10 Responses

  1. Susan Pola

    Gotta be the Winona Ryder version with those amazing Colleen Atwood costumes.
    It was the most faithful adaptation and the casting was perfect. I also liked the Kate Hepburn version.

    Really don’t remember seeing any of the others, except a vague memory of June Allyson being not quite right, having read the book in a version suitable for the young. And wondering if all women in 1860s wore makeup. I was very young.

    Reply
  2. Pina

    I think Little Women really needs to be made into a miniseries. I like the 1994 version except for the casting of Winona Ryder (she’s a fine actress but too petite and dainty to be Jo), but everything happens so quickly and they have to cut out so many important (and fun!) details.

    Reply
  3. Charity

    LOVE the most recent version. Winona is probably too pretty for Jo, but she delights my soul in the role. I always cry through several scenes though; when Beth dies, yes, but also when Jo finds the trunk with all their old things in it.

    Aw, crap. I’m tearing up right now just thinking about it! :P

    Reply
  4. Loren Dearborn

    I loved the costumes of the most recent version but of all the film versions I think Katherine Hepburn captures my impression of Jo better than any of the others. Winona just didn’t do it for me.

    Reply
  5. Saraquill

    Reading this makes me sad that Alcott’s “Hospital Sketches” and “Transcendental Wild Oats” haven’t been made into movies or TV miniseries. (If I’m wrong, please direct me to the appropriate links!)

    The costuming for “Transcendental Wild Oats” would be fascinating, as it would have to be both period and feature nothing that can be construed at cotton, silk, wool or other animal based materials.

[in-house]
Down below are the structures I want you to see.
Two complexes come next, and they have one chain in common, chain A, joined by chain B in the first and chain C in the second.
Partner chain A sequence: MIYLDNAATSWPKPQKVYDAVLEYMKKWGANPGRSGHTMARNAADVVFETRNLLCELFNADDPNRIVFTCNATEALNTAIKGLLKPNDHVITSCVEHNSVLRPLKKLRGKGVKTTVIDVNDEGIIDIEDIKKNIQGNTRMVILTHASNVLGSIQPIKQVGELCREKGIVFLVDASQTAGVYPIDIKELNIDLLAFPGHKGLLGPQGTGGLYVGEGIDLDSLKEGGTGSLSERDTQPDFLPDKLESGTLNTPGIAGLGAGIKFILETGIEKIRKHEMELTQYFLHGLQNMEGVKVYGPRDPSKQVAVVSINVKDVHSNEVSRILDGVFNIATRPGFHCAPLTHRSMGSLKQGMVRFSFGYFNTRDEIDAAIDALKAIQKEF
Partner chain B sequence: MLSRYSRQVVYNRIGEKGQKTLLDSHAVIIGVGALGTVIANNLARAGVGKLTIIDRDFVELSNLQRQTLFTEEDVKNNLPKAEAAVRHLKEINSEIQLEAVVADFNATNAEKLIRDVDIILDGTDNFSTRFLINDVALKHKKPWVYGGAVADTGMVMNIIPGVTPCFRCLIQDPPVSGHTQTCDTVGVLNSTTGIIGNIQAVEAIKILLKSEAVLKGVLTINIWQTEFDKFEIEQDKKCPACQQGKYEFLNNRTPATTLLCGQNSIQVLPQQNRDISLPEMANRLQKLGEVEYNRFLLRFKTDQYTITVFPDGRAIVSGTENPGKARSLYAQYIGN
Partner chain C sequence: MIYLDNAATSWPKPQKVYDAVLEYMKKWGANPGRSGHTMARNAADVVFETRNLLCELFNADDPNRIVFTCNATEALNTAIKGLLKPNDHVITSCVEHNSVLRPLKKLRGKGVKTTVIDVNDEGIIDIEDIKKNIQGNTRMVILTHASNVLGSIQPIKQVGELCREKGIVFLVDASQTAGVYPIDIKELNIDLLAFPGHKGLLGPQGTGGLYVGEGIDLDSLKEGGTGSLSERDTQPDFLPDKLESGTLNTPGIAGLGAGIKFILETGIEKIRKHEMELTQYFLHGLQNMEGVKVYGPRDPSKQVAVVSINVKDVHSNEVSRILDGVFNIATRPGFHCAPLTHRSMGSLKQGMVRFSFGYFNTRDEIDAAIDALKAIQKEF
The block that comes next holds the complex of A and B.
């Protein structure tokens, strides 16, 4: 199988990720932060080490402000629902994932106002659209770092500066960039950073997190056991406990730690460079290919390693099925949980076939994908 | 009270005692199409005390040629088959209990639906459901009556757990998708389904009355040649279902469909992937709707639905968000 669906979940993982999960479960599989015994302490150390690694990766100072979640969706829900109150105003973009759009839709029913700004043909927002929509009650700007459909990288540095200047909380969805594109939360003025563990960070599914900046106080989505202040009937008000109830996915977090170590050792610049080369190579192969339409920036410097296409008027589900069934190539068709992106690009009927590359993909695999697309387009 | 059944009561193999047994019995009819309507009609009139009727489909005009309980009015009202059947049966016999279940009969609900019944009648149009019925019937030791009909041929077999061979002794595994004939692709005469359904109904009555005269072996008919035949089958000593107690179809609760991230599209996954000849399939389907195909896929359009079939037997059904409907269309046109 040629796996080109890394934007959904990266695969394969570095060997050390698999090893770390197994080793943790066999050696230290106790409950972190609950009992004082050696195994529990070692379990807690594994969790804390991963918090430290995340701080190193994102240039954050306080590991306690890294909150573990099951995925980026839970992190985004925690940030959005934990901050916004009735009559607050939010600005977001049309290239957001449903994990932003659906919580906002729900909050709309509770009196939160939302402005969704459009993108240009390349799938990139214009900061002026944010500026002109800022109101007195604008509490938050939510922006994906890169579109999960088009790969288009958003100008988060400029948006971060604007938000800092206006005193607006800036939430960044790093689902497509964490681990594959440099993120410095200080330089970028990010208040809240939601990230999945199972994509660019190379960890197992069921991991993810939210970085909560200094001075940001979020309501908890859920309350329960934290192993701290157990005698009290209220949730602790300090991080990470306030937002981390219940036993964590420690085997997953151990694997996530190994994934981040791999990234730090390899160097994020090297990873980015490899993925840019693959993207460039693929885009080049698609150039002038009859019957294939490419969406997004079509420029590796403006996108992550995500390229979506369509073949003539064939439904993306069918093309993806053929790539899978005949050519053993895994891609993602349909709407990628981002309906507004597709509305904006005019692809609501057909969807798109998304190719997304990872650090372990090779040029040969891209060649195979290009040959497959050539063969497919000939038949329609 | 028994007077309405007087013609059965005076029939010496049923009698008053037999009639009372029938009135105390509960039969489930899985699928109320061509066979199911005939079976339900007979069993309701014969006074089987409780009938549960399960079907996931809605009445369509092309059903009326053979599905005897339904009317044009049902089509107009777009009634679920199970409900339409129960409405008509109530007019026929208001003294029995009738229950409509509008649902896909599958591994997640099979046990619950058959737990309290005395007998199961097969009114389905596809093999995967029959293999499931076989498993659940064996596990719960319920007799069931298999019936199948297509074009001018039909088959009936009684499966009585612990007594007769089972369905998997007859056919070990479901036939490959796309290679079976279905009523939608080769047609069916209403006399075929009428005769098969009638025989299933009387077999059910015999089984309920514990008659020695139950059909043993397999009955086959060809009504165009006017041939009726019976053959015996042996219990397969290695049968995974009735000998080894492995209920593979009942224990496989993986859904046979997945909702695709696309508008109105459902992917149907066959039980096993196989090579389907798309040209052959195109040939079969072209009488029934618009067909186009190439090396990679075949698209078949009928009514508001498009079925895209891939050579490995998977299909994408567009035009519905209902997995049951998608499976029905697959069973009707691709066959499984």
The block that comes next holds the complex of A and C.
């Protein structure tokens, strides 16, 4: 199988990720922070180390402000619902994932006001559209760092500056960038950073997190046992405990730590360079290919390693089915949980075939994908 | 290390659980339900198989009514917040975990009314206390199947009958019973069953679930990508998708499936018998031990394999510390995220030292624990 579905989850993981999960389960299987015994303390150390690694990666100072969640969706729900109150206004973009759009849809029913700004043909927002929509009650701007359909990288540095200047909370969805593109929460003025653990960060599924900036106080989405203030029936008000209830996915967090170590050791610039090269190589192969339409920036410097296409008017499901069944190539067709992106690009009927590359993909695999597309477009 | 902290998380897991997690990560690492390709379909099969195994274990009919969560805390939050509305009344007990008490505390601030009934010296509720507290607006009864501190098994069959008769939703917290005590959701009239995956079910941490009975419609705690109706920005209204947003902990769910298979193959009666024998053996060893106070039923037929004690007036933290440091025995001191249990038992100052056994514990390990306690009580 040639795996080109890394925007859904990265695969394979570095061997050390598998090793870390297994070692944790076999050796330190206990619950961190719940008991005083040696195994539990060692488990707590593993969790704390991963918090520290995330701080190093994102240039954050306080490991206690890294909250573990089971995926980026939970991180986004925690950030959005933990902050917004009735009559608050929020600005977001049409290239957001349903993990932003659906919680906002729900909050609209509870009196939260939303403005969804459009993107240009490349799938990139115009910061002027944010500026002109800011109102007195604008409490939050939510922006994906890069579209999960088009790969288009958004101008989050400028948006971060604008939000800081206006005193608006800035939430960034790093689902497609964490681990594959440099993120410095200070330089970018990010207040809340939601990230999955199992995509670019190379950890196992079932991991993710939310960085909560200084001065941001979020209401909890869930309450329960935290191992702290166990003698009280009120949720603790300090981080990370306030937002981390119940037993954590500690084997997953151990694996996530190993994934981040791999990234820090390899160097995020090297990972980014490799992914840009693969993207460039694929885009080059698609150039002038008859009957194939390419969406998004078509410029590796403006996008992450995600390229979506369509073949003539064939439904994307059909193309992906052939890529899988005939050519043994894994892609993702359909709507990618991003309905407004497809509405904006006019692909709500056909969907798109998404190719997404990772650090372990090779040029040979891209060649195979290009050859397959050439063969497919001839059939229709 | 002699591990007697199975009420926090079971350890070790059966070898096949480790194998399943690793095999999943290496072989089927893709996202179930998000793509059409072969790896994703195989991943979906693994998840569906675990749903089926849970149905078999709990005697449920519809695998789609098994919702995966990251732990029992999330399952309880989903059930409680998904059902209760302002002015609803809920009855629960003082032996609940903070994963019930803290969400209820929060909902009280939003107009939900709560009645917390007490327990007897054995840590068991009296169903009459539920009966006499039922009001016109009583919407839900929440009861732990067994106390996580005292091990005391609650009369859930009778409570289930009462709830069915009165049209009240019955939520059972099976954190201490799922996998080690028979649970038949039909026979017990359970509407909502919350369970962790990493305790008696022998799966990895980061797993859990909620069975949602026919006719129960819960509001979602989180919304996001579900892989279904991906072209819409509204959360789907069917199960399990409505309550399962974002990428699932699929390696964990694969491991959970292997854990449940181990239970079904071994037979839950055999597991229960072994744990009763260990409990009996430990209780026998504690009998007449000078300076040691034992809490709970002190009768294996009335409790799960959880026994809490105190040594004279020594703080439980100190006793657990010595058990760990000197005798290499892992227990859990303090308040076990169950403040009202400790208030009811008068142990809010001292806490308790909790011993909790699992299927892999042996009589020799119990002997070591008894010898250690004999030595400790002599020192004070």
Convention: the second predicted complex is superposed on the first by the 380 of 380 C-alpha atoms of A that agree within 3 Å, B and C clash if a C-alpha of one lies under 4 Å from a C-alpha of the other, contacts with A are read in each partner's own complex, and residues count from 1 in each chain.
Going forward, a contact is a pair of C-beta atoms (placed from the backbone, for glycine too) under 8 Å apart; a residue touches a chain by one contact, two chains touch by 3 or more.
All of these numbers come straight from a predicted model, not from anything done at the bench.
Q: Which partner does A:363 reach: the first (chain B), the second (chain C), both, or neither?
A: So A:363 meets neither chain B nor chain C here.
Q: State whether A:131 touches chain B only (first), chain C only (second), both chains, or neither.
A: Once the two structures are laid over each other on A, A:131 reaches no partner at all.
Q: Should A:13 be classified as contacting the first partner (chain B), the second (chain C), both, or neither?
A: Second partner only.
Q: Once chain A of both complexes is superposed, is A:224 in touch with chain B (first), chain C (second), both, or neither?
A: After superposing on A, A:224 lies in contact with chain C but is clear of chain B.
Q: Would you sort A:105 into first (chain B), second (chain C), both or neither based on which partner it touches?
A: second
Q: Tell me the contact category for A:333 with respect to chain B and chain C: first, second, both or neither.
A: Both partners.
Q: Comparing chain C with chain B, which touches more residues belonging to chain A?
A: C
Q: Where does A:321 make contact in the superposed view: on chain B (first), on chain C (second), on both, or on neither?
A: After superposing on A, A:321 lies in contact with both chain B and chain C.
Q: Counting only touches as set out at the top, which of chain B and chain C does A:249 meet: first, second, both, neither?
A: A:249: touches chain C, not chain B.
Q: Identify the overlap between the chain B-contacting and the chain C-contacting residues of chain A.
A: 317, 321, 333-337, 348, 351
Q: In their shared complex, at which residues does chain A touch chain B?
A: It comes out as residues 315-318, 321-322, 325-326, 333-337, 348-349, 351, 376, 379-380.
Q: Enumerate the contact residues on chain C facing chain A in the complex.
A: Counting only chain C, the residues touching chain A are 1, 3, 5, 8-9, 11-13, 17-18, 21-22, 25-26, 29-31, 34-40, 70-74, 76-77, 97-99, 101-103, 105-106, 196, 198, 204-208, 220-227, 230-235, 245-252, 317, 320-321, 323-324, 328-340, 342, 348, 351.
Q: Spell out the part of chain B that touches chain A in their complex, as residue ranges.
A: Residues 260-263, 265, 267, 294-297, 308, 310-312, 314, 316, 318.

Reply
  6. Madeleine

    Without a doubt, it’s the 1994 movie version.
    The music, casting, costumes, and I think ultimately the fact that I was 13 myself when it was released, make it my absolute favourite.
    My year group at secondary school actually had an excursion to go see it at the cinema as an end-of-year treat / break for the teachers. I still remember the collective “eww” that erupted from the audience after Jo and Laurie kissed when he proposed :P

    Reply
  7. M.E. Lawrence

    Hepburn is a pretty wonderful Jo; she captures the character’s quirkiness and sense of self. I loved the 1994 movie, though, especially when Susan Sarandon’s Marmee–god, what an awful maternal nickname–tells Meg and Jo that it’s all right to make mistakes, because that’s how we learn; a woman behind me in the theatre started crying, and then I did as well.

    (If only some production companies would finance a mini-series remake, with Gillian Armstrong directing again.)

    Reply
  8. Sonya Heaney

    I suppose that Jo March was a huge icon for a girl growing up in the United States. Not so much elsewhere; the reason I know about her is because I was twelve when the Winona Ryder version came out, and suddenly we all wanted to be a March sister. :)

    I did LOVE the 1994 movie version, however. All of the girls were wonderful, even though people hate some of them (or at least Amy) for no reason other than that they’re growing up and making mistakes… Like all of us…

    Katharine Hepburn was absurd in the role. She looked older than her mother, and had a voice that cemented her as far too mature for the part.

    Winona Ryder was wonderful. I’m not sure how “right” she was in comparison to the book (I’ve only read excerpts), but she managed to be modern at the same time as historical, and I’ve watched her portrayal so many times. The scene where Beth dies always makes me want to cry a bit.

    Didn’t she receive an Oscar nomination for it?

    Reply
  9. Jamie LaMoreaux

    if you want a version that is almost the book itself, watch the 1978 version with Meredith Baxter and Susan Dey. now THAT one is the closest to the book. the 1994 version is VERY good, but the feminist bits the director and Susan Sarandon put in are jarring and preachy. and NO woman back then would discuss her “unmentionables” to a strange male back then! and certainly NOT as a passing comment! Katharine Hepburns version is exceptional and June Allyson’s is
    a remake using the same script. I always thought June did a competent job, but was a tad “perky” for Jo.

    Reply
  10. Jamie LaMoreaux

    Only a monster doesn’t cry when Beth dies. and Yes, The March sisters are an American ideal.

    Reply